About the Trail

About the Trail

The Pacific Northwest Trail travels through some of the region's most spectacular and diverse terrain along its 1,200-mile journey from the Continental Divide to the Pacific Ocean. The trail crosses through five primary geographic areas: the Rocky Mountains, Columbia Mountains, North Cascades, Puget Sound, and Olympic Peninsula.

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The National Trails System Act describes that National Scenic Trails... 'will be extended trails so located as to provide for maximum otudoor recreation potential and for the conversation and enjoyment of the nationally significant scenic, historical, natural, or cultural qualities of the areas through which such trails may pass.' 


Know Before You Go

Conditions on the Pacific Northwest National Scenic Trail (PNT) can change rapidly due to events such as wildfires or flooding. Some sections of the PNT may be closed or have other restrictions. The Pacific Northwest Trail Association aggregates information from local land managers and visitors to provide Trail ConditionsTrail Alerts, and COVID-19 Updates. For the latest information, visitors should check with the local office of the land management agency for the section of the PNT you plan to visit.


The Geographic Areas the Trail Crosses Through:

  • Rocky Mountains

    Pacific Northwest Trail in Glacier National Park

    The Pacific Northwest Trail begins its westward journey high in the Rocky Mountains within sight of the Canadian border. The trail’s eastern terminus is located at Chief Mountain Customs in Glacier National Park.

  • Columbia Mountains

    Pacific Northwest Trail at Whistler Canyon

    The Columbia Mountains is the largest geographic area along the Pacific Northwest Trail, and includes a mix of rugged mountain ranges interspersed with rolling hills and river valleys.

  • North Cascades

    The Pacific Northwest Trail along Diablo Lake in North Cascades National Park

    The transition from the Columbia Mountains to the North Cascades is subtle at first but soon reveals a much different character. The North Cascades geographic area is much more remote and difficult to access with a long section through the Pasayten Wilderness.

  • Puget Sound

    Image of the coast along Puget Sound

    The Puget Sound section, from Mt. Josephine to Whidbey Island, is the shortest and most easily accessible section of the Pacific Northwest Trail. Most of the trail in this area is at or near sea level and is hike-able year round.

  • Olympic Peninsula

    Hiker on the PNT along the Pacific Ocean in Olympic National Park

    The Olympic Peninsula section of the Pacific Northwest Trail is an experience of extremes – it begins and ends at sea level with a ferry on one end and pristine, rocky beaches on the other. In the middle is some of the most remote country anywhere in the United States, deep within the heart of Olympic National Park.


More About the Trail:

  • Thru-hiking the PNT

    PNTA image of a thru-hiker

    If you are interested in hiking the entire PNT make sure to plan and prepare appropriately. Learn more about this process from the Pacific Northwest Trail Association (PNTA). Their website has information to help guide you through the planning process and can provide you with the information you may need to consider the difficult task of thru-hiking.

  • National Trails System

    Image of the National Trails System

    In 2018, we celebrated the 50th anniversary of the birth of our National Trails System, 11 National Scenic Trails (including the Pacific Crest Trail) and 19 National Historic Trails authorized by Congress, and more than 1,200 National Recreation Trails. These trails provide outdoor recreation opportunities, promote resource preservation and public access, and encourage the appreciation of the great outdoors and America's history and cultural diversity.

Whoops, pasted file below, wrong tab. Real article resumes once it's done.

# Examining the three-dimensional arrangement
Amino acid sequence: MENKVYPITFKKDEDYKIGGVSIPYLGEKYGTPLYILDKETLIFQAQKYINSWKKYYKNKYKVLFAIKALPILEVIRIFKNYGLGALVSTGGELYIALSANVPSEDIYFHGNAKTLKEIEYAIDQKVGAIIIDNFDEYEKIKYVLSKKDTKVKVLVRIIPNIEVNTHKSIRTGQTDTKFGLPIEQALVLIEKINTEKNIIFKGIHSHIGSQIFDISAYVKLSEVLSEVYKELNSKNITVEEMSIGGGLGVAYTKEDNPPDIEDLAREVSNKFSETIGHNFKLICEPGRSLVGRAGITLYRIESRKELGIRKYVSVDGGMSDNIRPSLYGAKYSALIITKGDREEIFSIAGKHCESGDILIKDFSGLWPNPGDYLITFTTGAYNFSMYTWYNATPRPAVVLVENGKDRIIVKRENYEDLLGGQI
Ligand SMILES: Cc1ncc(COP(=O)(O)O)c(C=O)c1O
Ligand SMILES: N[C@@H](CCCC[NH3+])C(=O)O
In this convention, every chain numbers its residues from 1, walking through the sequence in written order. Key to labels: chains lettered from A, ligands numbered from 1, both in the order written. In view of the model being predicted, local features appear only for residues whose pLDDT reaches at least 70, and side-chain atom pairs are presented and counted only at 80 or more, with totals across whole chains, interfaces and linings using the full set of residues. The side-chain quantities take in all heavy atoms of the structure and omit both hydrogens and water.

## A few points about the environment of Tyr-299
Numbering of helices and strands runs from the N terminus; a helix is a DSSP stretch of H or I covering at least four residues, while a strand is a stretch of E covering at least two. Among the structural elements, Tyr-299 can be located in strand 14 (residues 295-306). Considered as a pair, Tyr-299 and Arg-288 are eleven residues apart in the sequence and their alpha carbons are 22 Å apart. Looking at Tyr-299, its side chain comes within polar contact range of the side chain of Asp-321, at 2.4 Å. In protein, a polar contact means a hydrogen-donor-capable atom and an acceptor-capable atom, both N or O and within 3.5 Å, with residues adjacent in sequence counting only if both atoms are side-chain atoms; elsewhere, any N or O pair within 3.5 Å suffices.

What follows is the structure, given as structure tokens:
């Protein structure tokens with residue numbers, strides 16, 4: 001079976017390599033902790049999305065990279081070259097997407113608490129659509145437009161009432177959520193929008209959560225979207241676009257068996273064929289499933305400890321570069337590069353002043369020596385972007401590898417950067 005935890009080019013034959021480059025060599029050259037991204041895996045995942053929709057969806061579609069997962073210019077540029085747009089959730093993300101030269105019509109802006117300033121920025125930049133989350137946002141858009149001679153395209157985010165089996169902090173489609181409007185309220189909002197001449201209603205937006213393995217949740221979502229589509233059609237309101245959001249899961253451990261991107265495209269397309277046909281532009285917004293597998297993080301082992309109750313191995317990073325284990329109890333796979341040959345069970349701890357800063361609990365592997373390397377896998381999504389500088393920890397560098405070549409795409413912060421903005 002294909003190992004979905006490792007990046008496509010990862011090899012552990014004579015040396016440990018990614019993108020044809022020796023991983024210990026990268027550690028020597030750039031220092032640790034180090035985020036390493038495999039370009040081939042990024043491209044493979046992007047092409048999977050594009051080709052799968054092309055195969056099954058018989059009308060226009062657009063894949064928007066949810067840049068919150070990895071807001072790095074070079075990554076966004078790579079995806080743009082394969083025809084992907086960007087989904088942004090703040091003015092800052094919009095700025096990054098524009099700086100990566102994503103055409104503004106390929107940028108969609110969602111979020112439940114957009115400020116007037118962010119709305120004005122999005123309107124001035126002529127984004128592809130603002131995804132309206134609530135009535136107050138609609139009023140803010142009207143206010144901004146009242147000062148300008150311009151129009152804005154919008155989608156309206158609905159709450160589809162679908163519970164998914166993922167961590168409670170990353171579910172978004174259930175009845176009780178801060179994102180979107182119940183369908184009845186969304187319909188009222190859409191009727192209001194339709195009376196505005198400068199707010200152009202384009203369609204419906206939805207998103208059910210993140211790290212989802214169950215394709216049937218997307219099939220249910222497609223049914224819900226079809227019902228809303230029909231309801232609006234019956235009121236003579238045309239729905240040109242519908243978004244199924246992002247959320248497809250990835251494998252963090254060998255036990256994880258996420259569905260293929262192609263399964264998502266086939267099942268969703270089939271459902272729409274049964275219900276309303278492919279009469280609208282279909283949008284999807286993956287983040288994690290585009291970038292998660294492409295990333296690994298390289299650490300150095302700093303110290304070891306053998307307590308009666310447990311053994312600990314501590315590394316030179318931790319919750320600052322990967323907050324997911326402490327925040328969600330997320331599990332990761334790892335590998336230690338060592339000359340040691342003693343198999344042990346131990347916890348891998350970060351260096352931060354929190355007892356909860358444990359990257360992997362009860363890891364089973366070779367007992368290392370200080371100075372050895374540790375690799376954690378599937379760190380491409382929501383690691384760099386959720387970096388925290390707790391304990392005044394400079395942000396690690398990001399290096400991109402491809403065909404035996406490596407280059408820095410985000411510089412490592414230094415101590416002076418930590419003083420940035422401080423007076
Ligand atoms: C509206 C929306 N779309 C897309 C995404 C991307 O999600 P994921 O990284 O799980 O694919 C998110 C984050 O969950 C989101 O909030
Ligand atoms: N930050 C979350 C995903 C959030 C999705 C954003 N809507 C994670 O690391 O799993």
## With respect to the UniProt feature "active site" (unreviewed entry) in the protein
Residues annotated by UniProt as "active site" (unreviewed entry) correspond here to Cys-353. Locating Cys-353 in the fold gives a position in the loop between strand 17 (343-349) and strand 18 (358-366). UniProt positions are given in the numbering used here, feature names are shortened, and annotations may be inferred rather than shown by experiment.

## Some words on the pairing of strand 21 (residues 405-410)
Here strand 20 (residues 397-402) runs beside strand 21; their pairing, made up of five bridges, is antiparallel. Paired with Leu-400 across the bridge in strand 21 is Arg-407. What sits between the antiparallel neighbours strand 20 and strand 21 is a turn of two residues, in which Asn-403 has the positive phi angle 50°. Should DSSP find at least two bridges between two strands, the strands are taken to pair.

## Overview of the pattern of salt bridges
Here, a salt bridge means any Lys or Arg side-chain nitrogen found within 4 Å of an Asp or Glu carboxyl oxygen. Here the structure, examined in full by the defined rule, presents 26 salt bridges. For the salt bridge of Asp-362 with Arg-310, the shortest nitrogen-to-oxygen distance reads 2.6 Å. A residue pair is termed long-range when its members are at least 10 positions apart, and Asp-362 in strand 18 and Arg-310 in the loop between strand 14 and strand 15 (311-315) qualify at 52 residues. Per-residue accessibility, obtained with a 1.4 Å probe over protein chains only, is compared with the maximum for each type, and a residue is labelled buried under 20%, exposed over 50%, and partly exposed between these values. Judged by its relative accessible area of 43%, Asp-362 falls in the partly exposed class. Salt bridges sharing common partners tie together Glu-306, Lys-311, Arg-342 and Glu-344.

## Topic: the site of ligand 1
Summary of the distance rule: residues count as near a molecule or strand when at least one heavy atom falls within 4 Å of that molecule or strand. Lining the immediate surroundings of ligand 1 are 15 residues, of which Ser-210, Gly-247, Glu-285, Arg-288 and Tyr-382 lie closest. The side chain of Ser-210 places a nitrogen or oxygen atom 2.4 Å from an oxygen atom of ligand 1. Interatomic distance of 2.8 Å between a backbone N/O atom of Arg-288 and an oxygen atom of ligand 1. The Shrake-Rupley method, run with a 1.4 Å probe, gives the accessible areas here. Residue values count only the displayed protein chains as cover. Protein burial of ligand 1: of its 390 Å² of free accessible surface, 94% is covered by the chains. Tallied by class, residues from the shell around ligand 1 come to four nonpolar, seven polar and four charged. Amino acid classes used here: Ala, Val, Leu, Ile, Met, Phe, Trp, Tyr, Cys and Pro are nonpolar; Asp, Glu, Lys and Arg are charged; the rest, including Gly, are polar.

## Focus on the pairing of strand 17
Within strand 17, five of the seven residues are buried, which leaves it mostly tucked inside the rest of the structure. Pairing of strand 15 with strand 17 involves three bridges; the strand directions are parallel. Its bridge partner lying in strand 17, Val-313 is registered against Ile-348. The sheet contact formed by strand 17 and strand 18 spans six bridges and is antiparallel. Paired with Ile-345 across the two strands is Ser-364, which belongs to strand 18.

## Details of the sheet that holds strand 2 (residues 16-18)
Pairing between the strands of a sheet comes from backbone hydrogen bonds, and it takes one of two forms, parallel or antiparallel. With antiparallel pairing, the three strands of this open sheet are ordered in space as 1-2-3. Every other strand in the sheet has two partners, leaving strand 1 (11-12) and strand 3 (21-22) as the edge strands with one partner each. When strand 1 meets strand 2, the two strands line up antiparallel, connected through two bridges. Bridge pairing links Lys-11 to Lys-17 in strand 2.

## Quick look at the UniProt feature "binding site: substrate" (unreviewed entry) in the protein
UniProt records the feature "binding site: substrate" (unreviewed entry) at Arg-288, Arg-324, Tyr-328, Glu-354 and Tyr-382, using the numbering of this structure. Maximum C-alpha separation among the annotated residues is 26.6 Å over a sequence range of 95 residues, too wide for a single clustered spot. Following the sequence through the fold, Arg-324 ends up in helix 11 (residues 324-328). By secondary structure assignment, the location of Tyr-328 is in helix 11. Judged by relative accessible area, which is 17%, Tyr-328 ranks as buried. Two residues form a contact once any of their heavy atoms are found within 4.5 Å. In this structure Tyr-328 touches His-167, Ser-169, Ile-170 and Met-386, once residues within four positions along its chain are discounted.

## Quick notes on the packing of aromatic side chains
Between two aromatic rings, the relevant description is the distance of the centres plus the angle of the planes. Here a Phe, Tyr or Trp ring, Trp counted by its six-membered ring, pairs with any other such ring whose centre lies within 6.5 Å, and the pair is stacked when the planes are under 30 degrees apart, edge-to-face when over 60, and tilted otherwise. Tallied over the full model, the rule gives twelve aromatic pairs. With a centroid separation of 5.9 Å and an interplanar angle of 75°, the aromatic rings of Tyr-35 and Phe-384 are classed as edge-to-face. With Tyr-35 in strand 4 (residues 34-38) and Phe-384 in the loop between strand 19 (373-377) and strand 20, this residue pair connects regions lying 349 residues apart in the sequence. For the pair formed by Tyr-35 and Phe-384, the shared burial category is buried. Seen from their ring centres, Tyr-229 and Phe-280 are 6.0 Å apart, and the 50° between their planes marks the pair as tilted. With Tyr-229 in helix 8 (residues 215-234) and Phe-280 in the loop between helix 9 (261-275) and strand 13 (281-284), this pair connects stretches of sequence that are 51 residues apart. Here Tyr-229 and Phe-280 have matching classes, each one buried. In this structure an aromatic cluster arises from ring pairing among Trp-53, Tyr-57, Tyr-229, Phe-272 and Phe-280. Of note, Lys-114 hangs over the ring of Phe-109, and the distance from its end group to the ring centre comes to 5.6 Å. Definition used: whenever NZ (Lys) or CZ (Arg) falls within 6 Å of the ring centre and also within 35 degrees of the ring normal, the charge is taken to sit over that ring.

• Connecting Landscapes and Communities

    Image of Port Townsend from PNT.org

    The Pacific Northwest National Scenic Trail (PNT) travels through some of the most spectacular and scenic terrain in the United States, connecting diverse landscapes and communities of the Northwest. Beginning at the Continental Divide in Glacier National Park the trail travels over 1,200 miles through Montana, Idaho, and Washington before reaching the Pacific Ocean near Cape Alava.

  • One of America's Newest National Scenic Trails

    American Border Peak

    First proposed in the early 1970s, the Pacific Northwest Trail was designated by Congress as one of eleven National Scenic Trails in the Omnibus Public Lands Management Act of 2009. The National Trails System Act calls for these trails to be located to provide for maximum outdoor recreation potential as well as the conservation and enjoyment of the scenic, historic, natural, and cultural resources in the areas through which these trails pass.

  • All about the PNT

    All About the PNT Flyer Image

    Download the flyer which has the basic information you need to know about the Pacific Northwest National Scenic Trail. Use the flyer to learn more about the trail's location and the terrain it traverses to help prepare your next trip to America's National Trails System. To learn more details visit the Pacific Northwest Trail Association's website, which provides maps, permit information, and other help to plan your visit.

  • Food Storage Regulations

    Black bears can be seen along the PNT

    Much of the PNT travels through terrain that is home to bears, both black and grizzly. Before traveling through bear country, learn about proper ways to store your food as you travel along the PNT. To learn more about food storage visit the PNTA's Food Storage Regulation website. For specific grizzly bear food storage regulations click on the link below.


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